#13
Zahra Jafari, Mahdiye Esmaili, Ahmad Delbari, Masoud Mehrpour, Majid H Mohajerani
BACKGROUND: Although extensive research has been published about the emotional consequences of stroke, most studies have focused on emotional words, speech prosody, voices, or facial expressions. The emotional processing of musical excerpts following stroke has been relatively unexplored. OBJECTIVE: The present study was conducted to investigate the effects of chronic stroke on the recognition of basic emotions in music. METHODS: Seventy persons, including 25 normal controls (NC), 25 persons with right brain damage (RBD) from stroke, and 20 persons with left brain damage (LBD) from stroke between the ages of 31-71 years were studied...
2017: NeuroRehabilitation
https://www.readbyqxmd.com/read/28191995/social-interaction-contexts-bias-the-perceived-expressions-of-interactants
#14
Katie L H Gray, Lee Barber, Jennifer Murphy, Richard Cook
The present study sought to determine whether contextual information available when viewing social interactions from third-person perspectives may influence observers' perception of the interactants' facial emotion. Observers judged whether the expression of a target face was happy or fearful, in the presence of a happy, aggressive, or neutral interactant. In 2 experiments, the same target expressions were judged to be happier when presented in the context of a happy interactant than when interacting with a neutral or aggressive partner...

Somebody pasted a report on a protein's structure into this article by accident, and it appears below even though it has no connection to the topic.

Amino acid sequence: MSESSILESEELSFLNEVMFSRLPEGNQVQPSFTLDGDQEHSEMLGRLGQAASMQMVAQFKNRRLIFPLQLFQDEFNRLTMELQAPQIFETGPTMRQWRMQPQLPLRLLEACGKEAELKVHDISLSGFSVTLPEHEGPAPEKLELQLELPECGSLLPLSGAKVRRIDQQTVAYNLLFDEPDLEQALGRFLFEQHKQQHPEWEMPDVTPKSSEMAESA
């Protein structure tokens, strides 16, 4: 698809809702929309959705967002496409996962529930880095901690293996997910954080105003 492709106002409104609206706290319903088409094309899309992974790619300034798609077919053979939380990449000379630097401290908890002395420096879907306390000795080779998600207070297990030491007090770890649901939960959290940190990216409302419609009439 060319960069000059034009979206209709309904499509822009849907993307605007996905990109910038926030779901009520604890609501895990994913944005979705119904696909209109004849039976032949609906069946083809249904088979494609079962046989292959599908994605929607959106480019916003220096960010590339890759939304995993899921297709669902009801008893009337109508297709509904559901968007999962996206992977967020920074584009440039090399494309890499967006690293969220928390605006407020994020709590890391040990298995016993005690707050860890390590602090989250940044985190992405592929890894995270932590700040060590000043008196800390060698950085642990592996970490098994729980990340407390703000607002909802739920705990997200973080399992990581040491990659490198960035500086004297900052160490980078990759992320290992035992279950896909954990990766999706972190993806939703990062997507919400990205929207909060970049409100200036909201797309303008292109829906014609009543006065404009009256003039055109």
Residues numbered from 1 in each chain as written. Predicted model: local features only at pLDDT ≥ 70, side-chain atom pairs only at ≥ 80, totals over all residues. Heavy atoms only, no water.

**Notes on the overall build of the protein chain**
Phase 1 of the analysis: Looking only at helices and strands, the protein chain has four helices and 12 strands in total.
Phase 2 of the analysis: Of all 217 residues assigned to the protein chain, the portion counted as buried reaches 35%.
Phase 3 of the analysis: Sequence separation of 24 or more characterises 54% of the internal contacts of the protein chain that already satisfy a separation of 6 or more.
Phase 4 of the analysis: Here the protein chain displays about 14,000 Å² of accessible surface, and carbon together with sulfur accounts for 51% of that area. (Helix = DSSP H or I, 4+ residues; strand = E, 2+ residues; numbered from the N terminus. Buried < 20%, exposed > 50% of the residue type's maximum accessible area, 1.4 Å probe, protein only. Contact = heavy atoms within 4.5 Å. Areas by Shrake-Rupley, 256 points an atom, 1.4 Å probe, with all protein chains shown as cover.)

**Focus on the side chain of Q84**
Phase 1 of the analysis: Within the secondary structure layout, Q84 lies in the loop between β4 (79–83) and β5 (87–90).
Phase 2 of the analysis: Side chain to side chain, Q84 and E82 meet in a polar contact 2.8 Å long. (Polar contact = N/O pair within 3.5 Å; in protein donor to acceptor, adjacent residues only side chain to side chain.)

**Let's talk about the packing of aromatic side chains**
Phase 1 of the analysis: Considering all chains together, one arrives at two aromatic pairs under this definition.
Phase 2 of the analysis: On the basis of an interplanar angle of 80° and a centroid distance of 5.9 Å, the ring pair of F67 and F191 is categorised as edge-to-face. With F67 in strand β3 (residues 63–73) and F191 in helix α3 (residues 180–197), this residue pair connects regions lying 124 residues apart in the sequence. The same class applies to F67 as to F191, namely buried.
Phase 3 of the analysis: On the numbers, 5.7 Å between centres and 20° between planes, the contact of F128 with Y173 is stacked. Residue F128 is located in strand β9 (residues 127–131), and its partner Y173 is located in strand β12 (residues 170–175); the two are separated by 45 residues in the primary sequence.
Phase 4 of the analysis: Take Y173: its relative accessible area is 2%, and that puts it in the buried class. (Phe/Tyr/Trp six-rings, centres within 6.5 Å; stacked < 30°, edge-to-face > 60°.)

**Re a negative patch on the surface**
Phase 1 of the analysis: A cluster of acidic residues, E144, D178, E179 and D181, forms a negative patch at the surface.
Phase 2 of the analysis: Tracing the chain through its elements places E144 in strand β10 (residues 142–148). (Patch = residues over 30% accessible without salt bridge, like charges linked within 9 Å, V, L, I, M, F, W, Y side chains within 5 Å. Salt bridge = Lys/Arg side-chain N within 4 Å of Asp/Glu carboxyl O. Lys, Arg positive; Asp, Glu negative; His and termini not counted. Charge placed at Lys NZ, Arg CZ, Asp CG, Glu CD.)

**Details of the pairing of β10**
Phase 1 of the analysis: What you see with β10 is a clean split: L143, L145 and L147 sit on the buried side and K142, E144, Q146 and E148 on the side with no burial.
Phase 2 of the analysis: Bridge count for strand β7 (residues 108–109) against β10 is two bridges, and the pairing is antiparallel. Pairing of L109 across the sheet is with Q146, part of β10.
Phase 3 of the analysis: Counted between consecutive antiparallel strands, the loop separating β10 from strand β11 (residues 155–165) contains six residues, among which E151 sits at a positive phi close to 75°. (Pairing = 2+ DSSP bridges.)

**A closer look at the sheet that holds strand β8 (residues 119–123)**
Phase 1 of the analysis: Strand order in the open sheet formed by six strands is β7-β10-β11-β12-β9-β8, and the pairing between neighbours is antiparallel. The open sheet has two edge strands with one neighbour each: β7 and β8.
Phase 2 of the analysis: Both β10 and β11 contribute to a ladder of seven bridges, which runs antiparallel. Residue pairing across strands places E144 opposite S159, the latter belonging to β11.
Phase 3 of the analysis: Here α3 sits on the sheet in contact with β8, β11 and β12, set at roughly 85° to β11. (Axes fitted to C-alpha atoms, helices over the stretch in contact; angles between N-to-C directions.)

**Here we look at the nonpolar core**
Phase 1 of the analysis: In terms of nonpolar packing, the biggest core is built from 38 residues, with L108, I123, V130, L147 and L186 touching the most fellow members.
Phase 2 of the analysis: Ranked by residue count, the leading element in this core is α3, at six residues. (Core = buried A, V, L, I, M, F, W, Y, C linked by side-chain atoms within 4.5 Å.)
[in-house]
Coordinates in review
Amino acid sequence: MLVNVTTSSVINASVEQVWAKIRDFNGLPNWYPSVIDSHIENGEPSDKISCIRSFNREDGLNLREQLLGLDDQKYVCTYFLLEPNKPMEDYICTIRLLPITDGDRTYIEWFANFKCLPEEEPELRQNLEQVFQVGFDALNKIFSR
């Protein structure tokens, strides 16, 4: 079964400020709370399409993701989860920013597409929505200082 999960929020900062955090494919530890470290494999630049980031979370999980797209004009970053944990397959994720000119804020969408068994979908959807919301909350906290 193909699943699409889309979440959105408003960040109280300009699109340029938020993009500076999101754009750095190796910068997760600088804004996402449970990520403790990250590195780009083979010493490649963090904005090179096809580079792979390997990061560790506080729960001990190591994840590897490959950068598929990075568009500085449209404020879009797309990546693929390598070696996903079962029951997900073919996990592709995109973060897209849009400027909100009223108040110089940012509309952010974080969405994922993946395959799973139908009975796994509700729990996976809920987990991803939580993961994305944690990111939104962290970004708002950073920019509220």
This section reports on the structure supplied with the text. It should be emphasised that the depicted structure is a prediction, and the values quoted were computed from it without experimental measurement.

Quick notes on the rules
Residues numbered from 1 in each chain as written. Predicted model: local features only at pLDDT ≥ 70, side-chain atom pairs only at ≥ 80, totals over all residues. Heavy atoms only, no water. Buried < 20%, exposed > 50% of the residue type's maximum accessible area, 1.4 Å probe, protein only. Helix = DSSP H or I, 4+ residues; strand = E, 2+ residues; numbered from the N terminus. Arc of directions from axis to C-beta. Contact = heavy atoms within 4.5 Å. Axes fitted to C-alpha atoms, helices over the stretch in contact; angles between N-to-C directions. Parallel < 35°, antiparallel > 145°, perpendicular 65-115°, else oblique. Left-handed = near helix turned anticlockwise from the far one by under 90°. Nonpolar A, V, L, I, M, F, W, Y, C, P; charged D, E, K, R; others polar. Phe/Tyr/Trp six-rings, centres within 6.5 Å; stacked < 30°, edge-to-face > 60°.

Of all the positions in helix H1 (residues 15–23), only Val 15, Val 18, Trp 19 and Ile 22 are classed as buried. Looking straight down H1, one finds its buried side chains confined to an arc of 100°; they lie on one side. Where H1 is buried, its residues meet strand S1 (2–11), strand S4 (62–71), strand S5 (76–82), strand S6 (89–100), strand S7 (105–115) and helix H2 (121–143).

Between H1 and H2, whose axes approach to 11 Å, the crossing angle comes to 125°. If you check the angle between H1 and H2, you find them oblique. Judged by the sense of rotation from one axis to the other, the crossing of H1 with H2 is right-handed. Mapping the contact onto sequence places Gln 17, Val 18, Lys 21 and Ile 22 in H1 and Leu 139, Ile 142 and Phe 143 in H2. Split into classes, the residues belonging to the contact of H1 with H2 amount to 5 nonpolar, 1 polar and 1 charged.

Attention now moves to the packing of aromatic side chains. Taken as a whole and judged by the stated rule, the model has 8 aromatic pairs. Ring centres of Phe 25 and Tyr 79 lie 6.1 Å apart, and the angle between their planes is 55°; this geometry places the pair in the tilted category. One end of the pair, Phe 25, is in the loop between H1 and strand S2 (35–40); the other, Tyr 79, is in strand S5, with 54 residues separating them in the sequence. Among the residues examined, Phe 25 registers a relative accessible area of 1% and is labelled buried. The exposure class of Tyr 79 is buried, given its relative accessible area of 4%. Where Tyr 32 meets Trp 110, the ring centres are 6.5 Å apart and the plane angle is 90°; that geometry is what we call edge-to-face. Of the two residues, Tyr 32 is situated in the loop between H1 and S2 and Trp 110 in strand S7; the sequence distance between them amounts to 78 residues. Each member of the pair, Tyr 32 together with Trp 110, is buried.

February 13, 2017: Emotion
https://www.readbyqxmd.com/read/28191653/generalized-hostile-interpretation-bias-regarding-facial-expressions-characteristic-of-pathological-aggressive-behavior
#15
Danique Smeijers, Mike Rinck, Erik Bulten, Thom van den Heuvel, Robbert-Jan Verkes
Individuals with aggression regulation disorders tend to attribute hostility to others in socially ambiguous situations. Previous research suggests that this "hostile attribution bias" is a powerful cause of aggression. Facial expressions form important cues in the appreciation of others' intentions. Furthermore, accurate processing of facial expressions is fundamental to normal socialization. However, research on interpretation biases in facial affect is limited. It is asserted that a hostile interpretation bias (HIB) is likely to be displayed by individuals with an antisocial (ASPD) and borderline personality disorder (BPD) and probably also with an intermittent explosive disorder (IED)...
February 12, 2017: Aggressive Behavior
https://www.readbyqxmd.com/read/28188326/incidental-retrieval-of-prior-emotion-mimicry
#16
Ralph Pawling, Alexander J Kirkham, Amy E Hayes, Steven P Tipper
When observing emotional expressions, similar sensorimotor states are activated in the observer, often resulting in physical mimicry. For example, when observing a smile, the zygomaticus muscles associated with smiling are activated in the observer, and when observing a frown, the corrugator brow muscles. We show that the consistency of an individual's facial emotion, whether they always frown or smile, can be encoded into memory. When the individuals are viewed at a later time expressing no emotion, muscle mimicry of the prior state can be detected, even when the emotion itself is task irrelevant...
April 2017: Experimental Brain Research. Experimentelle Hirnforschung. Expérimentation Cérébrale